This chapter suggests some approaches to practice and offers examples of alternative models for child protection. Within a social model for protecting children, a multi-dimensional and contextualised understanding of social problems is required, as are services and professional practice which address the lack of material, social, and symbolic capital that cause harm to children and their families. For individual social workers working with individual families, as a start this means assessments, reports, and plans recognise and highlight the structural underpinnings of families’ hardships, making them visible to professionals and to the families who are the subject of the assessment/report. There can be a recognition that solutions to problems are not only about individual change, but also reflect the impact of social and economic environments on individuals and families. However, all these developments are difficult in risk-focused case work approaches. The recent turn towards strengths-based case work may open up possibilities.
This chapter focuses on domestic abuse. The recognition that poverty is a factor in domestic abuse and is linked to men’s perceptions of the breadwinner role suggests how vital it is to understand and engage with social constructions of masculinity. Overall, given the extensive evidence that has emerged of the focus by child welfare and protection systems on deprived populations, the levels of domestic abuse that are commonly to be found in families subject to child protection processes are to be expected and add fuel to the concerns about the invisibility of poverty in contemporary child protection policies and practices. Moreover, a range of system interventions can either trap women in abusive relationships or be a driver of their vulnerability to poverty post separation. This reinforces the need to critically interrogate the implications of system interactions including child protection systems.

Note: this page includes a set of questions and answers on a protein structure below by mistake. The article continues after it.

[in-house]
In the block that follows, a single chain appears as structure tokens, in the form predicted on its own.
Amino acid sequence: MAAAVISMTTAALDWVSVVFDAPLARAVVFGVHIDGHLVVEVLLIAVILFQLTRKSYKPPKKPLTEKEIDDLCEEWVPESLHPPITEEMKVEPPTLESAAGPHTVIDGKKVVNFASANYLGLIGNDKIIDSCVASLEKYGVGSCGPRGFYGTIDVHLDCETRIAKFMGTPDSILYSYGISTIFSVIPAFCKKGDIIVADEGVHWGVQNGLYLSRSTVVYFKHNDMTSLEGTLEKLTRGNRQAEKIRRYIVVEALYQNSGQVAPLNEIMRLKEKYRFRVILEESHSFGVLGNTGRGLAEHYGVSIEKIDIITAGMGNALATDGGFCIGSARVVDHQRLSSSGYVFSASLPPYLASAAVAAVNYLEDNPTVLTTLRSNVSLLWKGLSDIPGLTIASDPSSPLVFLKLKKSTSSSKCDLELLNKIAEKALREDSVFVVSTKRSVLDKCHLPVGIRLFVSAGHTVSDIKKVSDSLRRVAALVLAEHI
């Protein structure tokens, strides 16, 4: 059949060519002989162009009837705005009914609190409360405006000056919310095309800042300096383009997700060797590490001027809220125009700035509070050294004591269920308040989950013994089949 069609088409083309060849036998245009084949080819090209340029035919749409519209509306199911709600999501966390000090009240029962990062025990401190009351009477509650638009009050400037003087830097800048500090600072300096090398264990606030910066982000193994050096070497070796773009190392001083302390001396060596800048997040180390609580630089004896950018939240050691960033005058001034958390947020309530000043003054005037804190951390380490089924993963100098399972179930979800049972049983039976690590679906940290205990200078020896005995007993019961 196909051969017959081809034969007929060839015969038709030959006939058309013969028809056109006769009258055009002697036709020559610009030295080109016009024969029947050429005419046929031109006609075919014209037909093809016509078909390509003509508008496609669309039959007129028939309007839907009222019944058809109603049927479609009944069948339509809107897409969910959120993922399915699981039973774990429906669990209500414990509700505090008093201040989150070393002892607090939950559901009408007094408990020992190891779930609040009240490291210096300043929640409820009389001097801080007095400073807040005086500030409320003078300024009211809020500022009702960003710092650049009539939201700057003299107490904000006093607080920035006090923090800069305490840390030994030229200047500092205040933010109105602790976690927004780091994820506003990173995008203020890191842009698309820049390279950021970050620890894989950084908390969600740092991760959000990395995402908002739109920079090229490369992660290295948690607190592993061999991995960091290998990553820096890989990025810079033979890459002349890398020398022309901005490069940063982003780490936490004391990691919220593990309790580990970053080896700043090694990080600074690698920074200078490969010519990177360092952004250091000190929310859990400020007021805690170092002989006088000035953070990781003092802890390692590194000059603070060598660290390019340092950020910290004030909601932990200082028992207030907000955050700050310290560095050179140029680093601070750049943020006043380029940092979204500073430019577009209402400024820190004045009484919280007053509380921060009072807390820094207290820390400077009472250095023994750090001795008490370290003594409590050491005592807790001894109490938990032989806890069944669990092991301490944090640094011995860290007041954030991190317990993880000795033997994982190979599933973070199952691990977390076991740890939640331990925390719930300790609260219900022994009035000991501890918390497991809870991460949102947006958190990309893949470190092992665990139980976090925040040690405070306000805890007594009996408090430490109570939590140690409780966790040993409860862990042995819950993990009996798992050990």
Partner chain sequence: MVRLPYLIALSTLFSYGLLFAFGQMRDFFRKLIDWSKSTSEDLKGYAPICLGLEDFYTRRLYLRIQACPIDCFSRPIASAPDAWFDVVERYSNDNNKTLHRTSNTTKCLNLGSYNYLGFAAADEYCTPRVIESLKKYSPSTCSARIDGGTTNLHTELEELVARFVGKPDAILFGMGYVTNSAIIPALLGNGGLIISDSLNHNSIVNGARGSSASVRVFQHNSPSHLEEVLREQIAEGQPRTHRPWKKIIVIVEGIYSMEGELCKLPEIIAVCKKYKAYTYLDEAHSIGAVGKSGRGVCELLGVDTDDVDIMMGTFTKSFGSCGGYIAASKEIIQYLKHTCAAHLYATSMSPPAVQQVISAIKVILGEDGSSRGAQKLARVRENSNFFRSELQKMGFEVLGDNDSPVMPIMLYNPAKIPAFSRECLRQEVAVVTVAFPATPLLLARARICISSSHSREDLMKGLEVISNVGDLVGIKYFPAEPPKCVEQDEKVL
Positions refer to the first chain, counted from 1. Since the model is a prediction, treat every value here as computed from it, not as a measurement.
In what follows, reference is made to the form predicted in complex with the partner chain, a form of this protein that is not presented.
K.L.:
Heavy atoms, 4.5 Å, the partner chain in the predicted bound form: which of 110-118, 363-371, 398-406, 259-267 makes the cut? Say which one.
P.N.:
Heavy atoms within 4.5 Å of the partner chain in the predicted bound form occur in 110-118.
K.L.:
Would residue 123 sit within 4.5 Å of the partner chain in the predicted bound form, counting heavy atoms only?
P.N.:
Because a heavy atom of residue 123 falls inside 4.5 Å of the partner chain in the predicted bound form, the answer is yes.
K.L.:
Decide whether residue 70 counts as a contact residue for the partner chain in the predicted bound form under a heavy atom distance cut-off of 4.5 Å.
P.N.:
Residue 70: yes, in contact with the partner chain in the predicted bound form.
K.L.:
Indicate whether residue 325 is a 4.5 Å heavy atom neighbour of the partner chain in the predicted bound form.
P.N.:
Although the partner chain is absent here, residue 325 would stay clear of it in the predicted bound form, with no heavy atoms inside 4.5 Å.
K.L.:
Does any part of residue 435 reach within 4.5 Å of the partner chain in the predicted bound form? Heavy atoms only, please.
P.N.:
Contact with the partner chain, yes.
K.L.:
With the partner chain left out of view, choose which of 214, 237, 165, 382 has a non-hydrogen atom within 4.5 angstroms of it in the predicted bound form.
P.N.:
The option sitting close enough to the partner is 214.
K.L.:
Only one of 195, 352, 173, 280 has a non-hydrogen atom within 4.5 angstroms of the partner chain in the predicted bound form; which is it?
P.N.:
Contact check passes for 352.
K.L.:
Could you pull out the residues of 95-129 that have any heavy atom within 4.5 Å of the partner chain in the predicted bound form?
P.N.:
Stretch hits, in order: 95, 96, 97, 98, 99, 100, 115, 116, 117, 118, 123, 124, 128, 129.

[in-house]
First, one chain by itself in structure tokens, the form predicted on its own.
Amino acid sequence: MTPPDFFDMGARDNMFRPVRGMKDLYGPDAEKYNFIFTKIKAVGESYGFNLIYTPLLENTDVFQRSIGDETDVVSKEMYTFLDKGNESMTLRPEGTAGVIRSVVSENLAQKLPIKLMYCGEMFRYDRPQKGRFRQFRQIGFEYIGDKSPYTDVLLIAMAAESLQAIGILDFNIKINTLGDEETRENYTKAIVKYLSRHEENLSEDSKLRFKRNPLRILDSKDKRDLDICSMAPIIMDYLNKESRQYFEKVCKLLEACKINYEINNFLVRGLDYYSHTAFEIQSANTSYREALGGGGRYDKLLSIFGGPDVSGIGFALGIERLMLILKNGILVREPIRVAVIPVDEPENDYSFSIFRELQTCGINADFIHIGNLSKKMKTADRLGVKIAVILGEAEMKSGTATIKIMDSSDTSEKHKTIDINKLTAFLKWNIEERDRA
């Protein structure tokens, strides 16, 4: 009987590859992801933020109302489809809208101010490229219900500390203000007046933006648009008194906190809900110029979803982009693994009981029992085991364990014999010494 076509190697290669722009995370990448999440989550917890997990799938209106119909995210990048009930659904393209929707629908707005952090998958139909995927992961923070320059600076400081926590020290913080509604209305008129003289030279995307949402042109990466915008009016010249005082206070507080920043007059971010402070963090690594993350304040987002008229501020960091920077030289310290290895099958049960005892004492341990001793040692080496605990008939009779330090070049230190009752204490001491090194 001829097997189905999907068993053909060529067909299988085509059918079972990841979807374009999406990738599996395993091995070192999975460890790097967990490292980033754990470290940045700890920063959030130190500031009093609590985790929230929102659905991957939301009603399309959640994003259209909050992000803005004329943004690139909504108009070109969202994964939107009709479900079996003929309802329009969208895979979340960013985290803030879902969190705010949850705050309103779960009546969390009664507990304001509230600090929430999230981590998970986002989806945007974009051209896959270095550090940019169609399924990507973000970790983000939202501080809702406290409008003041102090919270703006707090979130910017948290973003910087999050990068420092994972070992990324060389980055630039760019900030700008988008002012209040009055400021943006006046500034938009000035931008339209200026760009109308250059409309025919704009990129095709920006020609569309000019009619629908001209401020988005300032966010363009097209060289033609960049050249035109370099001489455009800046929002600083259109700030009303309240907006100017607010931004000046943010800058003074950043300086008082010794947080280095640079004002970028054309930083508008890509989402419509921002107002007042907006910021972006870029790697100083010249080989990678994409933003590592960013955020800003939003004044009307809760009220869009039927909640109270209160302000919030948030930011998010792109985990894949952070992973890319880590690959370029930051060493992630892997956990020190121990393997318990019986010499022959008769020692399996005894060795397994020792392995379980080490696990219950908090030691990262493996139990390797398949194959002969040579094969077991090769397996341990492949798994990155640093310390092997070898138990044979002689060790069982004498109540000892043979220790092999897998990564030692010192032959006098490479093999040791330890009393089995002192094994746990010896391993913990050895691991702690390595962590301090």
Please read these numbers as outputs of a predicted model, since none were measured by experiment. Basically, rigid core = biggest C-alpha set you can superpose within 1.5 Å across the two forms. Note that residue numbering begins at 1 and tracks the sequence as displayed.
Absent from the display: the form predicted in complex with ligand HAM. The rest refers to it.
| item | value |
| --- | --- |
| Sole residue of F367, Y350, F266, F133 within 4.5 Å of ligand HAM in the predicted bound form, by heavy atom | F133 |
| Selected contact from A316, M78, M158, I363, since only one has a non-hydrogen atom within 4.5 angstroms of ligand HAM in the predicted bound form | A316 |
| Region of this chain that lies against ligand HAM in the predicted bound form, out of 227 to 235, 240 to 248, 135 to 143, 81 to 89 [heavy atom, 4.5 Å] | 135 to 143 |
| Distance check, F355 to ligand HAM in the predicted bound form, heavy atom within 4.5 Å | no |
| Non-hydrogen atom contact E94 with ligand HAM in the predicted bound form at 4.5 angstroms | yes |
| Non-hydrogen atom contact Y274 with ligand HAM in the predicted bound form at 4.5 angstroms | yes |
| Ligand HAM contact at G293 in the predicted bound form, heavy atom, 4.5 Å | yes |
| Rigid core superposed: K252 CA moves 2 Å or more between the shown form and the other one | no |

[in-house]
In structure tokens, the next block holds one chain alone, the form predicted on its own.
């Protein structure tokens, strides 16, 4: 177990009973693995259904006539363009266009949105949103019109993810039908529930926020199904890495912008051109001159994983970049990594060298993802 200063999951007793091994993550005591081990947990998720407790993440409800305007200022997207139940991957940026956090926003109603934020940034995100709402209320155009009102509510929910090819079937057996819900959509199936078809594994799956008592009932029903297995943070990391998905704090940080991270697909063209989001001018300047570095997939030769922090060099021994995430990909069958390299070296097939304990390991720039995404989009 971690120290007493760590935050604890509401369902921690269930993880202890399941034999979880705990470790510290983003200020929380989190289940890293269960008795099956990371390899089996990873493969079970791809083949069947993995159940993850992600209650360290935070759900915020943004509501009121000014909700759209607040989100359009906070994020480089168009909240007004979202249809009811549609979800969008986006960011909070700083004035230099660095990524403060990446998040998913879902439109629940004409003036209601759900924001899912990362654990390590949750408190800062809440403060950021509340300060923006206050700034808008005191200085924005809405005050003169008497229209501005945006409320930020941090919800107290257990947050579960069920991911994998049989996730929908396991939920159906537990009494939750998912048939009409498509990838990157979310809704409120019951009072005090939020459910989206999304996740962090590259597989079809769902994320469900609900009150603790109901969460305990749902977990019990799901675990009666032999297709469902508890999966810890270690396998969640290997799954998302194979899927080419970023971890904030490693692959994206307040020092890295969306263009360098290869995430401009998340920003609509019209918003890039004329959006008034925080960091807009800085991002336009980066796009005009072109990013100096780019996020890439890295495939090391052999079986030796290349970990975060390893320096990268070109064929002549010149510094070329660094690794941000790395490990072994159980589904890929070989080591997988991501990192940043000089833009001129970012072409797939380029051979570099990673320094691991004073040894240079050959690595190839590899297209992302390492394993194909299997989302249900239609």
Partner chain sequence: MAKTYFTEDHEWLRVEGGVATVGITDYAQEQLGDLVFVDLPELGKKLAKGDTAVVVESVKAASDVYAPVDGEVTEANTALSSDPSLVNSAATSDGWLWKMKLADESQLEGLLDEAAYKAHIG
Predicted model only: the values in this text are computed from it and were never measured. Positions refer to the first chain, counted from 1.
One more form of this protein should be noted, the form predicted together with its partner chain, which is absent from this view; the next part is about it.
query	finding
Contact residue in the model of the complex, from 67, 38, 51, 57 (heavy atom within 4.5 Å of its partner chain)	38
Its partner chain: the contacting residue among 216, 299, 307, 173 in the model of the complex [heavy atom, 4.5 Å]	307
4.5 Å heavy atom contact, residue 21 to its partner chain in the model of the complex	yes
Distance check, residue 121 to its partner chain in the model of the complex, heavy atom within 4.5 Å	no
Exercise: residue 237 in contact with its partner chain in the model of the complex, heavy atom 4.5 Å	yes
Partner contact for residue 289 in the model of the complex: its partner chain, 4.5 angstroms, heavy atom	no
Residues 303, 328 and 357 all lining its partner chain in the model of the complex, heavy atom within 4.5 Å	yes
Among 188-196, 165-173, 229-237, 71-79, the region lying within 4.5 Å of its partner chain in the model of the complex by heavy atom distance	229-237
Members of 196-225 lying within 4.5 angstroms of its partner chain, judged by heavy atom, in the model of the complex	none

This chapter assesses how one might change the conversation on child protection. It explores the specific issues of seeking to effect social change within a ‘post-truth’ climate and discusses how one might draw from work in social psychology, cognitive linguistics, and the sociology of emotions to learn the craft of telling stories. It has long been clear that hurling ‘facts’ in the form of statistics at people is likely to change very few minds. Rather than facts and pie charts, it is stories that have the power to animate people and bring them together to change the world. Organisations such as the New Economics Foundation, the National Society for the Prevention of Cruelty to Children (NSPCC), and the Joseph Rowntree Foundation have been using methodologies derived from framing theory to explore how different stories could be crafted on poverty, child abuse, and neglect.
This concluding chapter argues that, in order to do differently, people need bigger conversations that involve those from a range of endeavours and disciplines and all those concerned with, and impacted by, child protection. In social work, talking about the relationship between child abuse, neglect, and poverty is currently framed by notions of reinforcing or avoiding stigmatising or oppressive generalisations. However, accepting that poverty means it is more likely that children may be harmed means the societal and individual value of reducing child and family poverty becomes clearer. Poverty is a child protection matter and social work needs a conversation about what this means for the knowledge base and everyday practices. The chapter then explores some possibilities for democratising conversations more generally.